You can lose yourself in the fur of a cat. Warm under your fingers, glossy-sleek to your eyes, a cat's fur can relax you, make you smile and ease the strain of a hard day. In so many lovely combinations of color and pattern, of texture and length, the coats of our cats are an inspiration to those who appreciate the gifts of nature: a supple pelt covering a body that is itself a perfect picture of symmetry, power and grace.
For a cat, a coat may seem a source of pride, but it's really much more. A healthy coat of fur can protect her from the elements and hide her from both predator and prey. Instinctively, she knows the importance of each hair and spends a great deal of her time in a ritual as old as cats themselves, pulling dead hair free along with the dust from her rambles, restoring order and shine with her marvelously adapted tongue, as rough as sandpaper and handier than any comb.
Considering how much time your cat spends grooming, do you really even need to be involved in the process? Yes! Taking care of your cat's coat -- as well as her claws -- keeps her healthier, makes her easier to live with, and strengthens the bond between you.
Although many long-haired cats must have some help with their grooming, any cat can benefit from human intervention. Even if your cat isn't a high-maintenance type with silky, long hair, helping with grooming offers some benefits to you, as well:
-- Shedding. The fur you catch on comb or brush doesn't end up on your sofa cushions, sweater, or the cream cheese on your bagel in the morning.
-- Smell. Most cats are fairly fastidious, but some cats, especially unneutered males, can be a little offensive from time to time. Longhairs can get urine and feces in their fur, which can be uncomfortable -- and unhealthy -- for you both.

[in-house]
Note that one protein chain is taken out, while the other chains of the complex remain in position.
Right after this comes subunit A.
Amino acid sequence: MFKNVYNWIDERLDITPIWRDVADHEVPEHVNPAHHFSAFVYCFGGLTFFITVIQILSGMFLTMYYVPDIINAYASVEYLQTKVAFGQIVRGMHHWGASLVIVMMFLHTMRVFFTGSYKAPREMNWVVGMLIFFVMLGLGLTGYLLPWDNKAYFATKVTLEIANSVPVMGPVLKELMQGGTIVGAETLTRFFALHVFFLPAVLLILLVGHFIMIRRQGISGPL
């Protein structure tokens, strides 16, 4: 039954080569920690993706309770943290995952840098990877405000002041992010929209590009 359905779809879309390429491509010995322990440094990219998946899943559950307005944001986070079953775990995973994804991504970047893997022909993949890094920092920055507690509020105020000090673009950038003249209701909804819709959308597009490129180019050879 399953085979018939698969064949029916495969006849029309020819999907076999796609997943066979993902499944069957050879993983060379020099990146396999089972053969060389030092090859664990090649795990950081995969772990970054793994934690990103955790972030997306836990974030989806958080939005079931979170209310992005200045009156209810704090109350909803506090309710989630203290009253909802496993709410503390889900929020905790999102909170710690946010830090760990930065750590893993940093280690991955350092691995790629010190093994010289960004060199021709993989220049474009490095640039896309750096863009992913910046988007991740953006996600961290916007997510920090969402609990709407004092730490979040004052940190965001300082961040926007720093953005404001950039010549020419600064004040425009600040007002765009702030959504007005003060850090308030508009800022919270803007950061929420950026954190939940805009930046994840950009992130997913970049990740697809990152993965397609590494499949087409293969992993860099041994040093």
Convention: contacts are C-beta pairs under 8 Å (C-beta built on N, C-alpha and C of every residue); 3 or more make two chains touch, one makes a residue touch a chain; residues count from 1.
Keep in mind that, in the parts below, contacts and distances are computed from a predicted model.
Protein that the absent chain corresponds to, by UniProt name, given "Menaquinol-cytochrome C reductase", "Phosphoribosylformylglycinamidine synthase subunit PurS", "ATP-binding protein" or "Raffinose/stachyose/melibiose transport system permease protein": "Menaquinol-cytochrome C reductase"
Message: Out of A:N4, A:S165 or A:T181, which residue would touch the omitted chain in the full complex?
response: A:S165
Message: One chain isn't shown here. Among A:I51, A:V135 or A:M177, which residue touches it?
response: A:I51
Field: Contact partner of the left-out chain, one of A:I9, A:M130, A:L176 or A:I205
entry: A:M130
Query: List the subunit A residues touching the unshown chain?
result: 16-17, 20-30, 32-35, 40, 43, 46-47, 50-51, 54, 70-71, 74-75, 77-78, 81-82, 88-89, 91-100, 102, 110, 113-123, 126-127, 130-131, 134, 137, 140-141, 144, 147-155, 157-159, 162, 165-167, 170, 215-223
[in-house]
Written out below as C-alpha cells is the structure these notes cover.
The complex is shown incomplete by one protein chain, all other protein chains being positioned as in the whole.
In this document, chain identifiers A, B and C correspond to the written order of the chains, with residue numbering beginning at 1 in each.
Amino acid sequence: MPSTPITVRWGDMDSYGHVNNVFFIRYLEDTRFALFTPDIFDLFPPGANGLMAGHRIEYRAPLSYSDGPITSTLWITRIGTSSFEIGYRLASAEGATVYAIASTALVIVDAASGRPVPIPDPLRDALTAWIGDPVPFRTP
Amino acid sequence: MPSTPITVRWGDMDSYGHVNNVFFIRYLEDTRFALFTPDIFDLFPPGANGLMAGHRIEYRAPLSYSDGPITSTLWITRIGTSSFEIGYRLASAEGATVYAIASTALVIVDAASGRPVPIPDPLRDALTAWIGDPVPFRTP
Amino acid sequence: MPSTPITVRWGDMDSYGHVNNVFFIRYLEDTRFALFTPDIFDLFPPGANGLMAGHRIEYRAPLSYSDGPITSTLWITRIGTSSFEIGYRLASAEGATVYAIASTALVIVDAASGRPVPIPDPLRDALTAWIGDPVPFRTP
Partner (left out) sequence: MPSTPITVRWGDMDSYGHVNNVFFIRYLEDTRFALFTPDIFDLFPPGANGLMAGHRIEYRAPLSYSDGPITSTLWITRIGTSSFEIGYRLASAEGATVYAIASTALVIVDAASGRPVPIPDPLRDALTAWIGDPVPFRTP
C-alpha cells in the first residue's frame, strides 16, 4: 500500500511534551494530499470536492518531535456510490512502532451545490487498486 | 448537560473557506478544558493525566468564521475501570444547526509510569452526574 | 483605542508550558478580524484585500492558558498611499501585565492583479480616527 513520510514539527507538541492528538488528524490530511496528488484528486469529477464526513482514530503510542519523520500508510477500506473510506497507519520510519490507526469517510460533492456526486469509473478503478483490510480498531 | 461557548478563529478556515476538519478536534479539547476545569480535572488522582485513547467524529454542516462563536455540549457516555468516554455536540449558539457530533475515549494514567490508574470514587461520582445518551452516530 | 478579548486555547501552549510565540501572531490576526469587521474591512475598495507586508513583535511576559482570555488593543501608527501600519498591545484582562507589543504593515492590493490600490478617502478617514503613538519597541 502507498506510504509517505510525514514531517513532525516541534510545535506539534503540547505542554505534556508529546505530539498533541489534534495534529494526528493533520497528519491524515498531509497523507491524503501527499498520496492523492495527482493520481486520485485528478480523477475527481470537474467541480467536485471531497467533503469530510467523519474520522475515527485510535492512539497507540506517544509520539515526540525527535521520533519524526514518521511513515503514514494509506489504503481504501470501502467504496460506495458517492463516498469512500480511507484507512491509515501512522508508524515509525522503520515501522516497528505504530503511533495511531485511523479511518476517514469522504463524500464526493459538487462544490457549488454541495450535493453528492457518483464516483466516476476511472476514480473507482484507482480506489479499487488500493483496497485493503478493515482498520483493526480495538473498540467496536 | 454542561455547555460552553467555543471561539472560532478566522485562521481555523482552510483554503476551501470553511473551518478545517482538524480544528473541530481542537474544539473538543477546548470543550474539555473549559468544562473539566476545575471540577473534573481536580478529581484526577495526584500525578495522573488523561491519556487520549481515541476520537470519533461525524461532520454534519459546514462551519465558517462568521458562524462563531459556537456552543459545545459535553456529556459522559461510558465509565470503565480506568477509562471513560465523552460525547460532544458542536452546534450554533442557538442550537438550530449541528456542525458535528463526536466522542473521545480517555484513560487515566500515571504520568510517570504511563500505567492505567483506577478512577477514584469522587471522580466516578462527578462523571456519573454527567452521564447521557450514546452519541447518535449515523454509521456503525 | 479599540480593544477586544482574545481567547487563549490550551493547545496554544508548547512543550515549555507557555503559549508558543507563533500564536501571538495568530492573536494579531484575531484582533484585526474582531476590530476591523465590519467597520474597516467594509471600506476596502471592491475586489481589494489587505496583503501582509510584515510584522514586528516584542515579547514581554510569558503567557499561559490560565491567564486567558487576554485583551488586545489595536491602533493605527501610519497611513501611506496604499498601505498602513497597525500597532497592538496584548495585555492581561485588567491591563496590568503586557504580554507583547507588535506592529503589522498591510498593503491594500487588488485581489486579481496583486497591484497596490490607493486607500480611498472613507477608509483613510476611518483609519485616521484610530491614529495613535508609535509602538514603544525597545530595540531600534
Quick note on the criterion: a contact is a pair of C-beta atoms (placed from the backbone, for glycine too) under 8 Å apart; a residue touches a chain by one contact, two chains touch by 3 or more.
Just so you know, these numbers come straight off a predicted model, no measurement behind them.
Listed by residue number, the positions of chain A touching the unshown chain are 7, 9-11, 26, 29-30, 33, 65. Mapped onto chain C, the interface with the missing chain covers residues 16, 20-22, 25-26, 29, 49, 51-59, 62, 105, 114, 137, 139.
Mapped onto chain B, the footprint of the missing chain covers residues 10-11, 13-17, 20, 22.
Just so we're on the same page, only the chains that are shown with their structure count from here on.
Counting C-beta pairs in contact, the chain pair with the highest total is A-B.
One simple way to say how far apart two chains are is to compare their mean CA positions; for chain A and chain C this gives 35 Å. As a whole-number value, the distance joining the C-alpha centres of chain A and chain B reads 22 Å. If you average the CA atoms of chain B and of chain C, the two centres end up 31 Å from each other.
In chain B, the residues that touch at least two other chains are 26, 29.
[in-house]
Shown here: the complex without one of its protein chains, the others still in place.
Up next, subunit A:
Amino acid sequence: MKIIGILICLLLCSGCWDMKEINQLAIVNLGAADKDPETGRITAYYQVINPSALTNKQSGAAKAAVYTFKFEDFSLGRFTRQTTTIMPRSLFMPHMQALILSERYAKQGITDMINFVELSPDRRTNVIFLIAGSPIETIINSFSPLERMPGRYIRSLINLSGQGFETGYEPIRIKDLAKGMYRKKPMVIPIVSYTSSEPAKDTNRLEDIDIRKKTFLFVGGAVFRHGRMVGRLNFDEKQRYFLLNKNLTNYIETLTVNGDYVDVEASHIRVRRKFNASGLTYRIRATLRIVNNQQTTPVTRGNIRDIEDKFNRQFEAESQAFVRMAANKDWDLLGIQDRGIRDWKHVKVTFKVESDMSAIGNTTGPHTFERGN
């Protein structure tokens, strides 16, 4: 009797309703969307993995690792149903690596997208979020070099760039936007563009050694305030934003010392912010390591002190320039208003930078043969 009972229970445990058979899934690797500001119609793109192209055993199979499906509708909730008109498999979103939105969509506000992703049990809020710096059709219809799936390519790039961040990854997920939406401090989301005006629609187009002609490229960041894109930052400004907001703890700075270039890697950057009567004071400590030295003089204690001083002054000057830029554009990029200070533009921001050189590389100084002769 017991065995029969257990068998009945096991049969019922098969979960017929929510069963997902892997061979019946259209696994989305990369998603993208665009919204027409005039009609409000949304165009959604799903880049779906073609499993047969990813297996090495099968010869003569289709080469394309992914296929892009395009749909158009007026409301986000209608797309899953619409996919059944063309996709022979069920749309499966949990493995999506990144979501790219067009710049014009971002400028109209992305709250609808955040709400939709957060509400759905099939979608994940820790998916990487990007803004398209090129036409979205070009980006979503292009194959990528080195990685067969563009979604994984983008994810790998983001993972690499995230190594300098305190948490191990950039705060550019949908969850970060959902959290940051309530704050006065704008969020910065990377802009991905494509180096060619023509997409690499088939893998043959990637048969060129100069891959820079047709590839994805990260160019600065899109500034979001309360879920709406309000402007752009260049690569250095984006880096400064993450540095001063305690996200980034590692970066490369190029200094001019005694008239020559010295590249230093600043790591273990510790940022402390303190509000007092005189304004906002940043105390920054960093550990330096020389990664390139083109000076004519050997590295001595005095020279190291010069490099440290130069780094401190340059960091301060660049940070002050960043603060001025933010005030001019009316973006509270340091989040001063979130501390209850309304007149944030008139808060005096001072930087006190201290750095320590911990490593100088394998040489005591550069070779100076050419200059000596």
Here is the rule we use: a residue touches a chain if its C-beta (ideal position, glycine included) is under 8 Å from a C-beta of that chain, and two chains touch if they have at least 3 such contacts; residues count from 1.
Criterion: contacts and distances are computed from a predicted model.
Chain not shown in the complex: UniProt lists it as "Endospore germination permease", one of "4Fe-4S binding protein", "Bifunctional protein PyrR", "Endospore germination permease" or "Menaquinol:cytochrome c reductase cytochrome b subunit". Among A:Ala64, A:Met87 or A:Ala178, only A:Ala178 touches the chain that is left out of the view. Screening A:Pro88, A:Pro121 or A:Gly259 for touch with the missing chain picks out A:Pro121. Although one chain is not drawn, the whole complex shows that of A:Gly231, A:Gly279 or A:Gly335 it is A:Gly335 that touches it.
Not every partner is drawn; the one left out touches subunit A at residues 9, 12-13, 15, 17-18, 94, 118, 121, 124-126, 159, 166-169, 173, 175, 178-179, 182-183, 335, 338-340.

-- Hairballs. This is more of a problem in long-haired cats than short, but no one likes listening to a gagging cat, and stepping on a coughed-up mass in bare feet is even less appealing. Regular grooming by you keeps the volume of fur swallowed by your cat to the utmost minimum, and that means fewer hairballs on your rugs.
-- Bonding. Although your cat may not like you getting involved in grooming at first, if you're persistent, especially with the praise, your cat eventually comes to enjoy the time you spend together at this important task.
-- Destructiveness. Keeping your cat's claws trimmed reduces the need to scratch, because one of the reasons cats claw is to remove the worn outer casings of the nails.
-- Money. Good grooming saves you money in more than one way. By reducing your cat's need to scratch by keeping claws in good shape, you save money on replacing or repairing things. Grooming is also part of a preventive-care regimen: Paying attention to your pet's body not only helps avoid some health problems, but it also helps you detect signs of illness early, which is better for both your wallet and your pet.
-- Allergies. Studies have shown that good grooming, including regular baths, can help allergy sufferers cope with their pets. Some cats have allergies, too, such as to flea bites, and your attention to grooming makes your cat's life more comfortable.
Convinced? Next week I'll offer tips on combing, brushing, nail-trimming and even bathing -- yes, bathing! -- your cat.
CYBERLINKS: Border collies are the undisputed geniuses of the canine world, dogs so smart they could practically do your taxes. Many longtime border collie fanciers think the intelligent, active breed is too high-powered for most families, though, and in the last few years they've fought popularization, fearing an eventual "dumbing down" of the breed will result. The U.S. Border Collie Club's site (http://www.bordercollie.org) is packed with information on this honest working dog. The best part: a collection of excerpts from books by Donald McCaig, one of the best writers on dogs and country living around.
Gina Spadafori is the award-winning author of "Dogs for Dummies" and "Cats for Dummies," and is the editorial director of the Veterinary Information Network Inc., an international online service for veterinary professionals. Write to her in care of this newspaper, or e-mail to Giori(at)aol.com.
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